This week, we’re talking to Casey Research founder Doug Casey about his interest in science, technology, politics, and history.
Yesterday, Doug told us about the impossibility of an oil shortage – despite panic in the mainstream media. And in today’s Conversations With Casey, Doug offers his thoughts on the alternative energy sector…
Read on below for Doug’s take on the political hacks who are destroying green energy with “incessant propaganda”…
So Doug, you’ve spoken to us about the theory and background for oil exploration and production. The practical question is whether oil is cheap or expensive right now at around $55?
The price has been dropping of late, because of the coronavirus, and fears it will greatly reduce consumption. Around 70% of oil is fuel for travel – cars, planes, boats and trains. I suspect it’s something that will burn out and blow over, like SARS and the others. Mass hysteria does a lot more damage than the virus itself. But who knows? The next war will undoubtedly feature bioweapons.
But it’s important to note that all commodities tend to rotate around their production cost. Today, the average production cost of oil varies greatly. It’s not just the cost of actually pumping the marginal extra barrel of oil, either. There are infrastructure, transportation, financing, tax, regulatory, administrative, and numerous other costs. But at this point, oil, in most places in the world, is a marginal business at best. It’s profitable for good operators, but far from a bonanza. In fact, most small producers are on the edge of bankruptcy. Gas producers are all running at a loss with gas under $2.
Technology always works to both drive down costs and increase production. Most people aren’t aware of the fact that even when an oil well is capped, and is no longer produced, there is still lots of oil left in the well. There’s just not enough pressure to get the oil up. Of course, there are secondary – mostly water flooding – and tertiary ways to recover more oil. But even under the best circumstances you can’t, today, get more than about 40% of the oil in the deposit up above ground.
When technology improves further with better tertiary recovery methods, producers will be able to go back to exploit many of these old capped oil wells. It’s a huge resource, already discovered, laying and waiting for the technology to liberate it.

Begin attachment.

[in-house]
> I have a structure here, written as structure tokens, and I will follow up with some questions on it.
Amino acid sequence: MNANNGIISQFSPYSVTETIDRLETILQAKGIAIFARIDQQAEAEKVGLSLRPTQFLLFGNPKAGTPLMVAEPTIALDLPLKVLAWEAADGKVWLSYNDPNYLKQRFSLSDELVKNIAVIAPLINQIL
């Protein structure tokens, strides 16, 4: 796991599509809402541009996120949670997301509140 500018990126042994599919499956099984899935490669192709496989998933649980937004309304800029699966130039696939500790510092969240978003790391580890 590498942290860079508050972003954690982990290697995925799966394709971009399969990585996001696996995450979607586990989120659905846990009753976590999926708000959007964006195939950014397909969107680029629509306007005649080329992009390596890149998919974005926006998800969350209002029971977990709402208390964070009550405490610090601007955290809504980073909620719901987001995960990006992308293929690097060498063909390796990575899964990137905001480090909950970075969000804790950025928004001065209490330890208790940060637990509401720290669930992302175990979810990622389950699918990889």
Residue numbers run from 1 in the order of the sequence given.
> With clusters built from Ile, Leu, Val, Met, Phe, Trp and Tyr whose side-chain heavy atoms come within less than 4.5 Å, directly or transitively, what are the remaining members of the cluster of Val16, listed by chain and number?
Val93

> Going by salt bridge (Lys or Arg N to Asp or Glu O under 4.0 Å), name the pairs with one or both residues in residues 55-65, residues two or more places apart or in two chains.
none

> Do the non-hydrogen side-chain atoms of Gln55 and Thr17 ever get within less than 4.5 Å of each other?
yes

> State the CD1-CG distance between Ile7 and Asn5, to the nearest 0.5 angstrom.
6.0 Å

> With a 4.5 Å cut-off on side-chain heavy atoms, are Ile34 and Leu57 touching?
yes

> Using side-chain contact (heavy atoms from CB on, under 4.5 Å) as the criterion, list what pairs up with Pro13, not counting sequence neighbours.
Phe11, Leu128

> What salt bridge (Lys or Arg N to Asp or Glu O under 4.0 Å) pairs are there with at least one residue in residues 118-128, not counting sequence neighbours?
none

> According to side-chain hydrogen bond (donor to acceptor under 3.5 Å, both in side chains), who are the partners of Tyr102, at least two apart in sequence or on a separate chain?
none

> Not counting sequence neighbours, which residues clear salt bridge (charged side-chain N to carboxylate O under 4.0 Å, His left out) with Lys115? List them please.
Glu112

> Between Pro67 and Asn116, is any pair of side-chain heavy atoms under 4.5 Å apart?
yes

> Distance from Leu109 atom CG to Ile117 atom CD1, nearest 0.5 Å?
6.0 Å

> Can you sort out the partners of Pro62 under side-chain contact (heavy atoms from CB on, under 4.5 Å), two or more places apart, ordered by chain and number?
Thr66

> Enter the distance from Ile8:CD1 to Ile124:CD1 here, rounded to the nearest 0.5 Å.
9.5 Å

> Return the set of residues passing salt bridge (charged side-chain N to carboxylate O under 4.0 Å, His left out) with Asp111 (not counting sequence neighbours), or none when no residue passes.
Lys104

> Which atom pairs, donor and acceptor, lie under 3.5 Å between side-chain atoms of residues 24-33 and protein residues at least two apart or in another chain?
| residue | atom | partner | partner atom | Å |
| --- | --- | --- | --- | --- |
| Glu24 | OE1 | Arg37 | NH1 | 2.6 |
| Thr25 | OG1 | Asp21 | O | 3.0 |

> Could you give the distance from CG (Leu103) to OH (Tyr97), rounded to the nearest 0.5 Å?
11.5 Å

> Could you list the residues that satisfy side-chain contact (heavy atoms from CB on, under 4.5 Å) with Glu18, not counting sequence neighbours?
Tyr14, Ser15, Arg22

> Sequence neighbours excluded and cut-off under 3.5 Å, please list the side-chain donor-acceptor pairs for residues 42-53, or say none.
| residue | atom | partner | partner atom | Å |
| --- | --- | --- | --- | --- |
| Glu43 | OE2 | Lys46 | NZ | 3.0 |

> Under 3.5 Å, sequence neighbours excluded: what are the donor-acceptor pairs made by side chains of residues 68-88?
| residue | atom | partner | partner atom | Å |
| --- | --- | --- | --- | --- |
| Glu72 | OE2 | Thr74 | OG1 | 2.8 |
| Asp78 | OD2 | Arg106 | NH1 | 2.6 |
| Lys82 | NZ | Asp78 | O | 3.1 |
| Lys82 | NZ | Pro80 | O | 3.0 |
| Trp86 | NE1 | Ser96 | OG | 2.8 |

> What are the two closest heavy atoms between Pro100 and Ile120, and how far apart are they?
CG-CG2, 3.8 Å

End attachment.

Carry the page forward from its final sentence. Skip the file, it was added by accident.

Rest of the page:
Who can say exactly when that will happen? But if the oil price increases, innovators and capitalists will develop new ways to recover the oil in those wells. The bottom line is: Don’t worry about running out of oil.
In that case, what’s your take on alternative energy? Sounds like it may be a waste of time if we’re never going to run out of oil.
Although the world’s supply of oil will never run out, that doesn’t mean I’m against the idea of alternative energy sources. In fact, I completely support their development and the technology behind them.
The oil price and the cost of producing oil are key to how quickly alternative energy sources are developed. Right now, at around $50, oil is a very marginal business – and so are alternative sources. But if oil goes to $100 or $150, then oil companies are going to be absolutely coining money – and lots of resources will go into alternatives.
If for some reason it goes back down to $25, which is unlikely, then a lot of oil companies will go bankrupt. What observations can we make from that?
How about this: Oil is perhaps the most political of all commodities. Of course, all commodities – very unfortunately – are political in one way or another. But oil is probably the most political, even more than gold, wheat, or uranium. That’s because it’s the major source of income for a number of countries – especially in the Middle East and Africa. In Venezuela and Russia, the main source of government income is oil.
And as we know, something like 25% of the world’s oil passes through the Straits of Hormuz. So it can be cut off. And if it is cut off, the price of oil is going to explode. The price fluctuates very much with political events. It’s controlled by governments directly and indirectly. That makes me tend to be a bull.
That all makes sense. But what’s your take on the relationship between capital investment in fossil fuels and in alternative energy sources? How will governments, politics, and lobbyists affect this?